There are many different manufacturers and thicknesses of articulating paper available. My personal preference is AccuFilm from Parkell or blue TrollFoil from Troll Dental, because they are very thin and mark well without a lot of artifact smudges.
3. Shimstock. Traditional shimstock is an 8-micron-thin silver tape that can be trimmed to fit over the occlusal table of the area to be checked. Dentists have the patient close lightly and pull the shimstock through. On the next attempt, dentists have the patient close tightly and the shimstock should hold on the occlusal contact. Arti-Fol Articulating Film from Bausch is 8 microns and has ink on one side so as to mark the contact, indicating where it needs to be reduced.
4. Occlusal Indicator Wax. This thin green wax made by Kerr Dental is adapted to the occlusal surface of the implant restoration quadrant and the opposing arch is lubricated lightly with Vaseline. The patient is asked to bite lightly and open; the wax will stay on the area that’s being checked because the Vaseline prevents it from sticking to the opposing teeth.
The indentations of the wax are read where the contact areas are by seeing where the opposing teeth rub through the wax. An area of an implant crown that shows through the wax on light contact indicates an early contact and is adjusted. After adjusting the “show-through” area, a new piece of wax is adapted and the procedure repeated until the natural teeth show contact, but the implant restoration does not, on light closing. The patient is then asked to bite to full muscle contraction. This should leave a mark through the wax indicating there is contact on the implant restoration as well as the natural teeth.
5. T-Scan Occlusal Analysis System. The T-Scan is a computerized bite-force sensor from Tekscan that can measure all the teeth and restorations simultaneously, determine occlusion time (first point of contact), and quantify the center of force left to right, anterior to posterior. It records each tooth contact and determines location, intensity and duration of occlusal load.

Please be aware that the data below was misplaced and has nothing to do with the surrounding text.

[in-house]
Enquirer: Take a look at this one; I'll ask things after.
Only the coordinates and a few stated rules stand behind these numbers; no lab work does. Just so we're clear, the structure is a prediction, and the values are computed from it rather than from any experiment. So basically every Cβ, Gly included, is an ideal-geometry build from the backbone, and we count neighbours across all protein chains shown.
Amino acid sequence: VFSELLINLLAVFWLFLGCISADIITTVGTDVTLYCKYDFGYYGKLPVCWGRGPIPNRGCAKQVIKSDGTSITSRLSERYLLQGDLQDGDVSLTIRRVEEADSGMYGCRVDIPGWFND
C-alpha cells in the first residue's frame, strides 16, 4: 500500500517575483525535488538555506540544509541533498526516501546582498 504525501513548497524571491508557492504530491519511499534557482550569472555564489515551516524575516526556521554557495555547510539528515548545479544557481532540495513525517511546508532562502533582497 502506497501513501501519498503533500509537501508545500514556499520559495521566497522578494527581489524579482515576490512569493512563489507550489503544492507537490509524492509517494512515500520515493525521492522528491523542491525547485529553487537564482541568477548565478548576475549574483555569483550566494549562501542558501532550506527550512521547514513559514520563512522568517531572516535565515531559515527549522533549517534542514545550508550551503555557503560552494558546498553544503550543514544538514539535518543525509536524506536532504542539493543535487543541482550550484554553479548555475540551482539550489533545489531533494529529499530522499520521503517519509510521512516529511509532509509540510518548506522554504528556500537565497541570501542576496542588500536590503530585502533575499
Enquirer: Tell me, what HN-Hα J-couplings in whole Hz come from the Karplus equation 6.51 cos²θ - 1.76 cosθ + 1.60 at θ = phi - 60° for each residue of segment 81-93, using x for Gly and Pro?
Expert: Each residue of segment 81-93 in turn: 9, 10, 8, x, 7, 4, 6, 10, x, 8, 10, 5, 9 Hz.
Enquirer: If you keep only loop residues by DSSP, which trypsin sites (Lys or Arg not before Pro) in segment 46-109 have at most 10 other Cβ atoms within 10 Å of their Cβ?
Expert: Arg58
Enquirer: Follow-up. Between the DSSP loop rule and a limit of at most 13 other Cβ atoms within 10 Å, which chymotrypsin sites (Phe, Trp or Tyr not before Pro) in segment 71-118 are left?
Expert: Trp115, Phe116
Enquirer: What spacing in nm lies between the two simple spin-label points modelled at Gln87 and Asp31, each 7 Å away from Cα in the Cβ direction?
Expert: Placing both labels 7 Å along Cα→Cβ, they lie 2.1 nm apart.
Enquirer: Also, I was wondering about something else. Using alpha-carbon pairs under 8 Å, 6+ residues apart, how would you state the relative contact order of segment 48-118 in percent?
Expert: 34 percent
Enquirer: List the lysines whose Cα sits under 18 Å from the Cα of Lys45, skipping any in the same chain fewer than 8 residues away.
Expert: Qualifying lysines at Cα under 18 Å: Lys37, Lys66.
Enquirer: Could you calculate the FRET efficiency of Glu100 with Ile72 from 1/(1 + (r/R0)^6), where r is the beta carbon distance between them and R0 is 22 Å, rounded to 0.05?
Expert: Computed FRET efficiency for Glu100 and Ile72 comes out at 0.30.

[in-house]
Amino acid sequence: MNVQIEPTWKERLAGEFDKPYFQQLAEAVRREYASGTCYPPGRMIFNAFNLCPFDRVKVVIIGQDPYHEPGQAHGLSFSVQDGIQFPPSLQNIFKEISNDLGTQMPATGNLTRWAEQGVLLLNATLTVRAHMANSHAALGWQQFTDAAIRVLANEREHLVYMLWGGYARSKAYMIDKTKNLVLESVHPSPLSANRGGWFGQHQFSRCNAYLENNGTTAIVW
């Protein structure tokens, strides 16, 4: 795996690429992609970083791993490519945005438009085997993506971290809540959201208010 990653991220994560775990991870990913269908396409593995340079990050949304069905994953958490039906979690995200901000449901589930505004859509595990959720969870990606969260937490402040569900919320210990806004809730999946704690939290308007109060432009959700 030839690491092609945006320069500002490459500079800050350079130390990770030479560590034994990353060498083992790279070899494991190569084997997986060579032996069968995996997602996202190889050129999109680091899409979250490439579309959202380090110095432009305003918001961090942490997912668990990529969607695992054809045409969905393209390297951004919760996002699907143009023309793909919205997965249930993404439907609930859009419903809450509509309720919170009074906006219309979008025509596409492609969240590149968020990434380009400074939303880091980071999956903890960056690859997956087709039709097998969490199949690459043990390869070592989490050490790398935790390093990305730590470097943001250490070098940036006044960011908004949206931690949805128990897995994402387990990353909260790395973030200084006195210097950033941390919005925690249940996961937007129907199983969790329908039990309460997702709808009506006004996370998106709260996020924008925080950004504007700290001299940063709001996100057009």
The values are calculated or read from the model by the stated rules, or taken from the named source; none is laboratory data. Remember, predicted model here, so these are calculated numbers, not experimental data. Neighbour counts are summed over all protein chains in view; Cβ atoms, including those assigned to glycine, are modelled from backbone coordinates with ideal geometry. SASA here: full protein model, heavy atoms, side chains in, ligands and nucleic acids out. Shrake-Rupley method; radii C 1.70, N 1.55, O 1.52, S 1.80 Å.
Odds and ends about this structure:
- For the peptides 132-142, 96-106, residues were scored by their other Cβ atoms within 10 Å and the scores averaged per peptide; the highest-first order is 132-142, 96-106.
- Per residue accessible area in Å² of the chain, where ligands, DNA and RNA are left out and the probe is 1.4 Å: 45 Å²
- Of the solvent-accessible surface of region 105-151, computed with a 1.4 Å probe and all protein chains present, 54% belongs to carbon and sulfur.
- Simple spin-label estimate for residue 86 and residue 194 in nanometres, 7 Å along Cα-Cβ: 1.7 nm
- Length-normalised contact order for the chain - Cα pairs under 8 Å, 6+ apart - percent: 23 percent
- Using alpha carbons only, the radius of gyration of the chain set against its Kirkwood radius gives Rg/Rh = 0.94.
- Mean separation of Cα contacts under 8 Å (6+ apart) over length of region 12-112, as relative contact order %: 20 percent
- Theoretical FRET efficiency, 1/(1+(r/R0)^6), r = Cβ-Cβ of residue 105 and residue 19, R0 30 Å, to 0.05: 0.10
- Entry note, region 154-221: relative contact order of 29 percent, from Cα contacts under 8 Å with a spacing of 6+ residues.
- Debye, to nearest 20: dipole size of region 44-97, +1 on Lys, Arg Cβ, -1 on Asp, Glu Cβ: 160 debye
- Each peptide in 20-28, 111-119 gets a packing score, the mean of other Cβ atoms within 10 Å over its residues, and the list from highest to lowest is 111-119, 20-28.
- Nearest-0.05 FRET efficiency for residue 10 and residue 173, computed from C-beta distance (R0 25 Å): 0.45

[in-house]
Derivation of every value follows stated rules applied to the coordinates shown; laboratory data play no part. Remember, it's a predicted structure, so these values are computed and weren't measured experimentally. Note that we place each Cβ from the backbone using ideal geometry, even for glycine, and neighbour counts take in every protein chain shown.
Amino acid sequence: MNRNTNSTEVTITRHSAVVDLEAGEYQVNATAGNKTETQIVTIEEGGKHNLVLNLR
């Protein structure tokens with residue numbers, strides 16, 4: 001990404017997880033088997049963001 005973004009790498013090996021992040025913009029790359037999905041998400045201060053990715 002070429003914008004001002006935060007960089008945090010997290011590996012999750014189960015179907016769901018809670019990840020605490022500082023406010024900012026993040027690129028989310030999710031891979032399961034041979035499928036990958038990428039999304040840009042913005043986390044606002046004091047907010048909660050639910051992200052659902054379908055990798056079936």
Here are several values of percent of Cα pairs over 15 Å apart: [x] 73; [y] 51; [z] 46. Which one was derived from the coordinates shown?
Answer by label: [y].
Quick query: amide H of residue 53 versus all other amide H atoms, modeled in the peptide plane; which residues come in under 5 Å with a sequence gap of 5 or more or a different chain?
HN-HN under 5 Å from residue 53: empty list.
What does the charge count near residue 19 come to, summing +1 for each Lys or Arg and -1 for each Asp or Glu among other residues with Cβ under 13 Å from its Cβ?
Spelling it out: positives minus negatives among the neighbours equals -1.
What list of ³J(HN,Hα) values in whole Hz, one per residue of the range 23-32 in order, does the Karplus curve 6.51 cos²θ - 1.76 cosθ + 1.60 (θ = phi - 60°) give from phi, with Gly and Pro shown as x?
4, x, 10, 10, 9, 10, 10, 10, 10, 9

As the patient bites on the sensor, the teeth continue to occlude over time until they reach maximum intercuspation. After inputting in the software where implants are located, it will display implant warnings indicating overload or earlier contact than surrounding teeth. This adds predictability and confidence to your final result and helps provide patients with comfortable, long-lasting restorations.
To illustrate the importance of evaluating occlusion and bite forces when placing implants, we’ll review two brief case studies.
A patient with a high bite force had a history of losing teeth due to fracture. He requested implants to replace the missing teeth, but declined upper molar implants because a sinus graft procedure would have been necessary. His final implant crowns were screw-retained full-contour zirconia crowns, adjusted to be sure there was no premature contact in centric relation or in excursive movements, but did have contact on maximum closure.
The screw access was closed with Teflon tape and composite level with the occlusal table and occlusion checked again. A nighttime occlusal guard was fabricated to prevent further breakdown (Figs. 1–2, p. 72).
In another case, tooth #27 was an asymptomatic tooth with severe facial root resorption, rendering it unable to be restored. There was no facial plate of cortical bone left, worsened by a facial position in the arch. The preoperative photo shows wear on the incisal edge of tooth #27 and the other anterior teeth. The final restoration needed to have a shared guidance with teeth #26 and #28 so that the implant did not carry the full load of the working movements on the right side. It was also important to be sure that the implant was not overloaded vertically in CR (Figs. 3–6).
Occlusion plays a vital role in all aspects of dentistry, including implant dentistry. In addition to making the implant restorations aesthetic and comfortable, it is essential to evaluate the patient’s occlusion and bite force using a combination of older established techniques and the latest in technology.
As implant dentistry grows and becomes a larger part of everyday practice, the need for a comprehensive new patient evaluation becomes more evident and forms the foundation of predictable, long-term results.